With reference to FIG. 7, in STEP 705, the merging engine (140) calculates the angle G based on the vector V1 from the midpoint of the ClosestGoodEdge( ) of the end of L to the midpoint of the ClosestGoodEdge( ) of the beginning of S. In STEP 710, the merging engine (140) calculates the angle M of the vector V2 of the TrailingMomentum( ) of L. FIG. 17 shows an example of the vectors V1 and V2. In STEP 715, the merging engine (140) calculates the absolute value of the angular difference (hereinafter called “D2”) between G and M. In STEP 720, the merging engine (140) determines whether |D2| is greater than a predetermined angle (e.g., 45°). When it is determined that |D2| is greater than the predetermined angle, in STEP 725, the merging engine (140) sets the alignment score to the lower bound (e.g., 0). When it is determined that |D2| is less than or equal to the predetermined angle, in STEP 730, the merging engine (140) calculates the proportion (i.e., ratio) of the |D2| subtracted from the predetermined angle to the predetermined angle. In STEP 735, the merging engine (140) sets the alignment score to the calculated proportion (i.e., ratio).

With reference back to FIG. 4, in STEP 420, the merging engine (140) calculates the angle score by executing the angle test as discussed above. The algorithm of this test is described in FIG. 8.

With reference to FIG. 8, in STEP 805, the merging engine (140) calculates the angle AL based on the vector V3 calculated from the midpoint of the ClosestGoodEdge( ) of the beginning of L and the midpoint of the ClosestGoodEdge( ) of the end of L. In STEP 810, the merging engine (140) calculates the angle AS based on the vector V4 calculated from the midpoint of the ClosestGoodEdge( ) of the beginning of S and the midpoint of the ClosestGoodEdge( ) of the end of S. FIG. 18 shows an example of the vectors V3 and V4. In STEP 815, the merging engine (140) calculates the absolute value of the angular difference (hereinafter called “D3”) between AL and AS. In STEP 820, the merging engine (140) determines whether |D3| is greater than the predetermined angle (e.g., 45°). When it is determined that |D3| is greater than the predetermined angle, in STEP 825, the merging engine (140) sets the angle score to the lower bound (e.g., 0). When it is determined that |D3| is less than or equal to the predetermined angle, in STEP 830, the merging engine (140) calculates the proportion (i.e., ratio) of the |D3| subtracted from the predetermined angle to the predetermined angle. In STEP 835, the merging engine (140) sets the angle score to the calculated proportion (i.e., ratio).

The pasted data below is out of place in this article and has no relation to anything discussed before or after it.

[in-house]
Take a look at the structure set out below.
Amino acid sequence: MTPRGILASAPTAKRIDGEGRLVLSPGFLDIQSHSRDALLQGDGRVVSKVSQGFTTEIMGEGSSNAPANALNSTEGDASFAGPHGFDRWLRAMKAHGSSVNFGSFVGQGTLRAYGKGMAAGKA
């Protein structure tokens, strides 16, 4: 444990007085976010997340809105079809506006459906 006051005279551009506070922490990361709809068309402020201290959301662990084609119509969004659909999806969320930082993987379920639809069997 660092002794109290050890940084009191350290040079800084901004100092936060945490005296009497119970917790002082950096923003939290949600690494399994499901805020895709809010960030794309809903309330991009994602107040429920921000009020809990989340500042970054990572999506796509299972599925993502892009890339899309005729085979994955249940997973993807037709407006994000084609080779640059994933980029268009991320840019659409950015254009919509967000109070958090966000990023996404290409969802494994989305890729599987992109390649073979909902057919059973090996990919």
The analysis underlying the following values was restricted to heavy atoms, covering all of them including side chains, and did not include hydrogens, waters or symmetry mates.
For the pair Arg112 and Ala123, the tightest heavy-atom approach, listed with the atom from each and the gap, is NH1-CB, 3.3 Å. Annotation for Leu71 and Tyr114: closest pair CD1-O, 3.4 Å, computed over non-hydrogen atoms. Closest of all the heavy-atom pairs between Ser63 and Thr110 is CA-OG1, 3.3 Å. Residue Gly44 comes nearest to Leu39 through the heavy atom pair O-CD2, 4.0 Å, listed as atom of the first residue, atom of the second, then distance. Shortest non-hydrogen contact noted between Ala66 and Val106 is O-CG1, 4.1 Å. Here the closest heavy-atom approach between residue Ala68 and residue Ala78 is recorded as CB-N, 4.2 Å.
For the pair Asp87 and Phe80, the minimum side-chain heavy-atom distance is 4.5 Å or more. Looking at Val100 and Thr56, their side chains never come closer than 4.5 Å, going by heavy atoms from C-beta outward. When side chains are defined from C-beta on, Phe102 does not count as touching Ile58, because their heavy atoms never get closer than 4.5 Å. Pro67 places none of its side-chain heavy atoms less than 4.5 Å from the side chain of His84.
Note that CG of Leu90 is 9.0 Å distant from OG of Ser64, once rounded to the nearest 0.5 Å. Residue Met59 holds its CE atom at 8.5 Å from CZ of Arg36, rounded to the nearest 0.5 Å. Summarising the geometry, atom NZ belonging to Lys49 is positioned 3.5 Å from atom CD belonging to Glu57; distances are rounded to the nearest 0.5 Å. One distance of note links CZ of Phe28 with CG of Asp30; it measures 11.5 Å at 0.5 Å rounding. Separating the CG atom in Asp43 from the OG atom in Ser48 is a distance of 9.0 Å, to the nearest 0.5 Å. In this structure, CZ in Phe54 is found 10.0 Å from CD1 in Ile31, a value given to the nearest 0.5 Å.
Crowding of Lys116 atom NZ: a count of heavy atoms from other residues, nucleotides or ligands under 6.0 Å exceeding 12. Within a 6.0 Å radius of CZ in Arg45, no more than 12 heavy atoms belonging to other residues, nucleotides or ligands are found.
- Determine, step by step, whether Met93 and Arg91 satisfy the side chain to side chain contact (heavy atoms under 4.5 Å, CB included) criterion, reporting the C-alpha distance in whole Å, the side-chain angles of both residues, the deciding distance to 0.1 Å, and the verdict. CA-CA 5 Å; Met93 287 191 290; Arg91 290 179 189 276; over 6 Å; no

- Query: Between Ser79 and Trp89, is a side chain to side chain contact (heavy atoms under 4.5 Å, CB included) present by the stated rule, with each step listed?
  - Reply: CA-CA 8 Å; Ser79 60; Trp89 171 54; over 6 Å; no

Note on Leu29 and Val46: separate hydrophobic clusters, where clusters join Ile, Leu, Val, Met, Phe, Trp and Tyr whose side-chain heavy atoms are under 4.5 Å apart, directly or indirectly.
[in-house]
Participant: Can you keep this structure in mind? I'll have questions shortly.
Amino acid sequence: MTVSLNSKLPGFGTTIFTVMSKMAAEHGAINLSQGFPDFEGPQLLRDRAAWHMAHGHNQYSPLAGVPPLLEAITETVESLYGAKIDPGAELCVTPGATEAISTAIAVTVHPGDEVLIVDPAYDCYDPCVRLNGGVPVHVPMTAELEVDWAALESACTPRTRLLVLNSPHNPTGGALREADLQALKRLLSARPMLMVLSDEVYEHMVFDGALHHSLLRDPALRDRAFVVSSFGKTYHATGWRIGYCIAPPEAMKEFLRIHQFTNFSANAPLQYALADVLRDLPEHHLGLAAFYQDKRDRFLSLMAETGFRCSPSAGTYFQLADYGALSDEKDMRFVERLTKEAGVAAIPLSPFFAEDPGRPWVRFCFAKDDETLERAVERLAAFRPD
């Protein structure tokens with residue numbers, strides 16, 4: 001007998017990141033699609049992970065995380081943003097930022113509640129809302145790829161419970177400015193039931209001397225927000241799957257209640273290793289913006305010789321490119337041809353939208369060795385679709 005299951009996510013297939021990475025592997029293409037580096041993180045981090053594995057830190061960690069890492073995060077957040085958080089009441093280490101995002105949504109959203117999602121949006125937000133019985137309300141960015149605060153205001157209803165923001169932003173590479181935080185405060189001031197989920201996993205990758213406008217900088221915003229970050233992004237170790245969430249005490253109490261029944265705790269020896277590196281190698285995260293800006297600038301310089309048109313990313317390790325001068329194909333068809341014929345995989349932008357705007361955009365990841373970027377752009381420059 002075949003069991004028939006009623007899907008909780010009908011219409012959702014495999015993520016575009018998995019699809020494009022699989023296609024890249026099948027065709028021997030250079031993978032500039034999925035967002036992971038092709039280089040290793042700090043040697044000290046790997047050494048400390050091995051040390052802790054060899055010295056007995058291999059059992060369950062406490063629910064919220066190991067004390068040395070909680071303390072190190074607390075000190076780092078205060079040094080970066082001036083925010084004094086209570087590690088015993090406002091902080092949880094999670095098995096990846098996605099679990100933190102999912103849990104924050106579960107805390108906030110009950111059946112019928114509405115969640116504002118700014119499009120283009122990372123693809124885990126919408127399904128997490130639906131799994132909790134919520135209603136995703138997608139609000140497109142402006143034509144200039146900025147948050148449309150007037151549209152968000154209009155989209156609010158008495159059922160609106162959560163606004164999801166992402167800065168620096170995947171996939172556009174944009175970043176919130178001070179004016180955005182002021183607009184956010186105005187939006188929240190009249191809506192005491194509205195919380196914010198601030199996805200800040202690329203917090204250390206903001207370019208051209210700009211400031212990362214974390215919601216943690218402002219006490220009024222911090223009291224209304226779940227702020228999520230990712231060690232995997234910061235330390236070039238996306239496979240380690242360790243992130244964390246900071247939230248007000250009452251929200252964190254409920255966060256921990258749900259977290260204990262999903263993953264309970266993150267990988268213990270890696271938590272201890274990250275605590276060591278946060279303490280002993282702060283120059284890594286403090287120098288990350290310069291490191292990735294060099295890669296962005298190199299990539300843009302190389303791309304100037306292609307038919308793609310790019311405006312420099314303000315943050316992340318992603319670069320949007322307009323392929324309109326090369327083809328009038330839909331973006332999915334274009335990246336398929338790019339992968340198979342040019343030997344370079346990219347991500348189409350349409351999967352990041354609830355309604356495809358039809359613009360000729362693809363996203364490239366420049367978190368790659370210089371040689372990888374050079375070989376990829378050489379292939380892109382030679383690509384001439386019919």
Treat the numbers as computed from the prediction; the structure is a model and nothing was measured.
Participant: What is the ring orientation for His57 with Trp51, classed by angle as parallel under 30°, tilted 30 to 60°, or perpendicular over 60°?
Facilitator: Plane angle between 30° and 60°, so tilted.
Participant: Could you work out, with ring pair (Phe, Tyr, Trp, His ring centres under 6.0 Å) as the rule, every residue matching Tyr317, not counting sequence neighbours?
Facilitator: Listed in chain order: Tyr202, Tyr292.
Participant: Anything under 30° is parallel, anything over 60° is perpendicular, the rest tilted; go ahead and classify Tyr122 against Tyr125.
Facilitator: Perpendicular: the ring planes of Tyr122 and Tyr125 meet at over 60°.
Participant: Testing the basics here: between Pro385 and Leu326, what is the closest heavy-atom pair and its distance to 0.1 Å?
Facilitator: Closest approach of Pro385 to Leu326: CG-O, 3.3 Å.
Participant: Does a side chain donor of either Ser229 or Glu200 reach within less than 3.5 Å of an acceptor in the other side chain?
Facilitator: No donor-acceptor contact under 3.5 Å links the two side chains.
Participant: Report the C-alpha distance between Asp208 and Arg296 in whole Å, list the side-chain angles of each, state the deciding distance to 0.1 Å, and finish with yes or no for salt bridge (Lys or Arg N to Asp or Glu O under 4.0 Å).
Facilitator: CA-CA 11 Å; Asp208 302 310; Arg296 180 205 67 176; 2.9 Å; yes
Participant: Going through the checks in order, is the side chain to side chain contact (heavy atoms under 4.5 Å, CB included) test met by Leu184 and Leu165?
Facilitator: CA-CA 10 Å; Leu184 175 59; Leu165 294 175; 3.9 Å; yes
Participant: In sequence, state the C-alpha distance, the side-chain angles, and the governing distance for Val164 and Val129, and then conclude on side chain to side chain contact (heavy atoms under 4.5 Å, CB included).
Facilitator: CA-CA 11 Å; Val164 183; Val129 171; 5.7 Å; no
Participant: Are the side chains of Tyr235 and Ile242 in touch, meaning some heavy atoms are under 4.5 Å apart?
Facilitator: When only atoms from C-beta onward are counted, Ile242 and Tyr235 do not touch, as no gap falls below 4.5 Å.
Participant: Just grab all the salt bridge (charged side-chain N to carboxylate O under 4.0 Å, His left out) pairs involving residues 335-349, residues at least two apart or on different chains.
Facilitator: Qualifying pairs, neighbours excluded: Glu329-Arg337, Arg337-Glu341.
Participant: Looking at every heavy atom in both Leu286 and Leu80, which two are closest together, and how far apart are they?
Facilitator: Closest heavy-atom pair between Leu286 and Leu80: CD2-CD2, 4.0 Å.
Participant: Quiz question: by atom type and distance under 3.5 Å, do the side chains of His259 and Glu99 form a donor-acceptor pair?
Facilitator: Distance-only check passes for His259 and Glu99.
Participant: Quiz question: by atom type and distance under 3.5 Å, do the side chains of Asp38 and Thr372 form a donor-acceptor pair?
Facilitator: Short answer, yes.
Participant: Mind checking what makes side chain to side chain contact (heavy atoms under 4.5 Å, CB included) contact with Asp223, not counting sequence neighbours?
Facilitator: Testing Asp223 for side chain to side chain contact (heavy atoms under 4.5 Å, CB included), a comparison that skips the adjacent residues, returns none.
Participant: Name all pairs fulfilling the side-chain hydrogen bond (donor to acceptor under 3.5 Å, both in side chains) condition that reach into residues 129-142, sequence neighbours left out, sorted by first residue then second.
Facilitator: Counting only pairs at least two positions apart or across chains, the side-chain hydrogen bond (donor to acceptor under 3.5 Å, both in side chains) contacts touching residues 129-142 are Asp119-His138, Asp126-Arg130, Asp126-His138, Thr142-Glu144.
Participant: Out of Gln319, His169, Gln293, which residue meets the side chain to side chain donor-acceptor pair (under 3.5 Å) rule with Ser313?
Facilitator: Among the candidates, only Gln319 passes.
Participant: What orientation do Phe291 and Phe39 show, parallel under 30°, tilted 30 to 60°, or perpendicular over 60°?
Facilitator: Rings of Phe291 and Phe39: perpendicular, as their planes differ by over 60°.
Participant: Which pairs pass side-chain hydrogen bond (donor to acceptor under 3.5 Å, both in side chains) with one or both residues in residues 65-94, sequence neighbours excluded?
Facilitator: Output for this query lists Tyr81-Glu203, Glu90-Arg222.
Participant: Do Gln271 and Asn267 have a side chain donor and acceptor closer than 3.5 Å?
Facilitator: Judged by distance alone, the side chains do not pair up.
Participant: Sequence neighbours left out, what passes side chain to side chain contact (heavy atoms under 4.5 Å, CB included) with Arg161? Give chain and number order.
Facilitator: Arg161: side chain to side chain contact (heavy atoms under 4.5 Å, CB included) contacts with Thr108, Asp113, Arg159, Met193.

With reference back to FIG. 4, in STEP 425, the merging engine (140) calculates the total score. As discussed above, the total score may be an average of the scores or a sum of the scores each multiplied by a predetermined weight value.

In STEP 430, the merging engine (140) determines whether the total score is greater than or equal to a threshold value. When it is determined that the total score is greater than or equal to the threshold value, the merging engine (140) determines that L and S can be merged in STEP 435 and the merging may be executed. Otherwise, the merging engine (140) determines that L and S cannot be merged in STEP 440.